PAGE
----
Over the last 12 months, the South African hedge fund industry has gone from strength to strength and there is growth in almost all areas. Preqin’s Hedge Fund Analyst online service shows that since June 2014, the number of South Africa-based funds has increased from 104 to 124, while the total assets managed by South Africa-based hedge funds has increased from just over R41bn to around R66bn. In addition to the promising growth statistics, there are other catalysts set to help the South African hedge fund industry on its journey to maturity.
In 2012, South Africa’s National Treasury and the Financial Services Board proposed a new regulatory framework within the Collective Investment Schemes Control Act of 2002 (CISCA), with the purpose of regulating South Africa-based hedge funds. The new law states that all hedge funds will have to register as collective investment schemes by April 2016 and will be split into two categories: Qualified (Restricted) Hedge Funds and Retail Hedge Funds. Both types of funds will be required to follow tighter regulations. Although regulation is often viewed unfavourably within the hedge fund industry (58% of hedge fund managers surveyed for the 2015 Preqin Global Hedge Fund Report said regulation would change the industry for the worse in 2015), this new CISCA framework is expected to bring additional structure and transparency to the South African hedge fund landscape. The regulated, retail-focused funds can be viewed similarly to the UCITS structure in Europe, and their introduction is sure to open up the industry to further expansion.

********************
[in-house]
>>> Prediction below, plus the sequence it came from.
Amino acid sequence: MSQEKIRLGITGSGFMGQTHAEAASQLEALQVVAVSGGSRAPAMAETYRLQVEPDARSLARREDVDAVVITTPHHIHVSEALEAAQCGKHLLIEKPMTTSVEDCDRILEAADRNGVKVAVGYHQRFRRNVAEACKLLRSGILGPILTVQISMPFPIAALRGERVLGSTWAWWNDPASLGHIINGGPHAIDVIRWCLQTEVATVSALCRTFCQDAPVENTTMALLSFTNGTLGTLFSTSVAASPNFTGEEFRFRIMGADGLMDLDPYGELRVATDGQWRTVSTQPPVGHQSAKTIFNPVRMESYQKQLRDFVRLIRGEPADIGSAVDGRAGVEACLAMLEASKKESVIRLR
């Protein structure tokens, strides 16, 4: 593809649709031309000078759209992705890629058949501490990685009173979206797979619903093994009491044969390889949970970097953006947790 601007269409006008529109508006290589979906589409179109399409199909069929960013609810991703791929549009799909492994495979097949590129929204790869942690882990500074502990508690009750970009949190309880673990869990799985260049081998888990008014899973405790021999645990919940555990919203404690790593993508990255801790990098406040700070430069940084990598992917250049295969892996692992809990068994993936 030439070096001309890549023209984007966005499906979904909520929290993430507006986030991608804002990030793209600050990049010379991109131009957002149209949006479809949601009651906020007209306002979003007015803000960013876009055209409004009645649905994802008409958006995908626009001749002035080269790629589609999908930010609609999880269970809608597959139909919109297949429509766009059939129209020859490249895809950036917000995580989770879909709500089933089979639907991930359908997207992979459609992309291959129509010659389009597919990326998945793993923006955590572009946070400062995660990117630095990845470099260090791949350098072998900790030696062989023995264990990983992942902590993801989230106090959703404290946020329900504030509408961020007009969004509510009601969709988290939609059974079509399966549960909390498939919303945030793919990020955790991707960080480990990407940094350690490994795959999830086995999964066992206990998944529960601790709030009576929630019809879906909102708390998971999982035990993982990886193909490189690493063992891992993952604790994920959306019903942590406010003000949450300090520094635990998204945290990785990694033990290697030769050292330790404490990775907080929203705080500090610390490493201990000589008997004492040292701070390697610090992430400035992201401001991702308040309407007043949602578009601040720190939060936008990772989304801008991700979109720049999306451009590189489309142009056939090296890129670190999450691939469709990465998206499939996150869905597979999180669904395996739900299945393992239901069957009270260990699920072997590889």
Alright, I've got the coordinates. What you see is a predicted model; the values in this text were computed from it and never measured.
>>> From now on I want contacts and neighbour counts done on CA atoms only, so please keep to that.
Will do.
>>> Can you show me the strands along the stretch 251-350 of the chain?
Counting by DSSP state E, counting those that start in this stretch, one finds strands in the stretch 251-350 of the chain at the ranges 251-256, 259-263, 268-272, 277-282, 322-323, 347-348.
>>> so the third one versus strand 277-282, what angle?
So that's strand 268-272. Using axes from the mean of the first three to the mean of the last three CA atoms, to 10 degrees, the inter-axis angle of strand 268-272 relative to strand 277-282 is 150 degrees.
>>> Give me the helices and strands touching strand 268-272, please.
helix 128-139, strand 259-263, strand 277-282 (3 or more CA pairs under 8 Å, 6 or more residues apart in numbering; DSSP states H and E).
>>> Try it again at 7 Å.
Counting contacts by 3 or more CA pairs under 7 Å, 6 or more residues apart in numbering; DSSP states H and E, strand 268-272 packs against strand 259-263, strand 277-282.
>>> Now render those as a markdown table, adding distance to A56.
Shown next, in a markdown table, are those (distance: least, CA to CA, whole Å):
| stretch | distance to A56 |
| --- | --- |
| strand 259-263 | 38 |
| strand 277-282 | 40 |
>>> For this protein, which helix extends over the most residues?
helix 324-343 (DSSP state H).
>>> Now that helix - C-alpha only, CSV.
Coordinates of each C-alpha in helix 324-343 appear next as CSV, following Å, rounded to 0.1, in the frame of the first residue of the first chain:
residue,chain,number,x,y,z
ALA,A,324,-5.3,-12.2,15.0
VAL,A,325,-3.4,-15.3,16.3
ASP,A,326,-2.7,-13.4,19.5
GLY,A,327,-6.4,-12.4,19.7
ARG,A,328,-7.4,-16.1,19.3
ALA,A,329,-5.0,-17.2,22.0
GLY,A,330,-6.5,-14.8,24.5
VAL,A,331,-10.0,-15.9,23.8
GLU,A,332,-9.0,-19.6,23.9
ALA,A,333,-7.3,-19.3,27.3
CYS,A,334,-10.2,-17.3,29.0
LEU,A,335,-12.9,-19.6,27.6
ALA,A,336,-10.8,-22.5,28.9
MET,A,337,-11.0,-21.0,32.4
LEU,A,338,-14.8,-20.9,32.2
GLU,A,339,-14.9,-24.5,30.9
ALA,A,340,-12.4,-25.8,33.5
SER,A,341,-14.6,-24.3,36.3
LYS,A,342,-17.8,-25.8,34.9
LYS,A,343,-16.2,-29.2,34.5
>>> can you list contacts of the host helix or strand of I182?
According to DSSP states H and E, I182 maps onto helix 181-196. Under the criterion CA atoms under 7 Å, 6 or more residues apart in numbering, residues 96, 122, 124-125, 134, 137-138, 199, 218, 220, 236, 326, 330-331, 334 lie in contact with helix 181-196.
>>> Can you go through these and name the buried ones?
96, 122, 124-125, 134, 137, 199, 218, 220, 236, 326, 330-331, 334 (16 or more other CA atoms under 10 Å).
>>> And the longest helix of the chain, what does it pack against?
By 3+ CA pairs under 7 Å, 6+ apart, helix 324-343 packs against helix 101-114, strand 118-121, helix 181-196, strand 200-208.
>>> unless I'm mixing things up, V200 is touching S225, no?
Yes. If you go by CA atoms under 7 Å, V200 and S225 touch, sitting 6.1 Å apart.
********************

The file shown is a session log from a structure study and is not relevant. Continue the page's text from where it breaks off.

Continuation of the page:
South Africa-based funds outperformed in 2014, returning 10.10% compared to the 4.51% achieved by the Preqin All-Strategies Hedge Fund benchmark. This strong performance has not gone unnoticed by investors. Twelve months ago there were 91 foreign investors looking to invest in Africa; today there are 102 seeking exposure to the continent. Unsurprisingly, investors are most likely to encounter equity-focused hedge funds in South Africa; 53% of all hedge funds in the country use an equity-focused strategy. Relative value strategies make up around 21% of the total, with multi-strategy funds comprising 13%. Macro, credit and event driven strategies are much less favoured, making up the remaining 12% of funds.
The South African hedge fund industry is clearly heading in the right direction. The number of funds has increased in the last 12 months alongside aggregate assets under management. Investor appetite remains strong and is expected to increase in the future as the new CISCA amendment aims to improve transparency within the industry. Fund returns are also impressive, with South Africa-based funds outperforming all hedge funds last year in addition to 2015 (6.71% YTD return compared with 4.35%). Questions remain over the level of strategy diversification employed by South Africa-based hedge funds, but this is certainly an area to look out for during the rest of 2015 and beyond.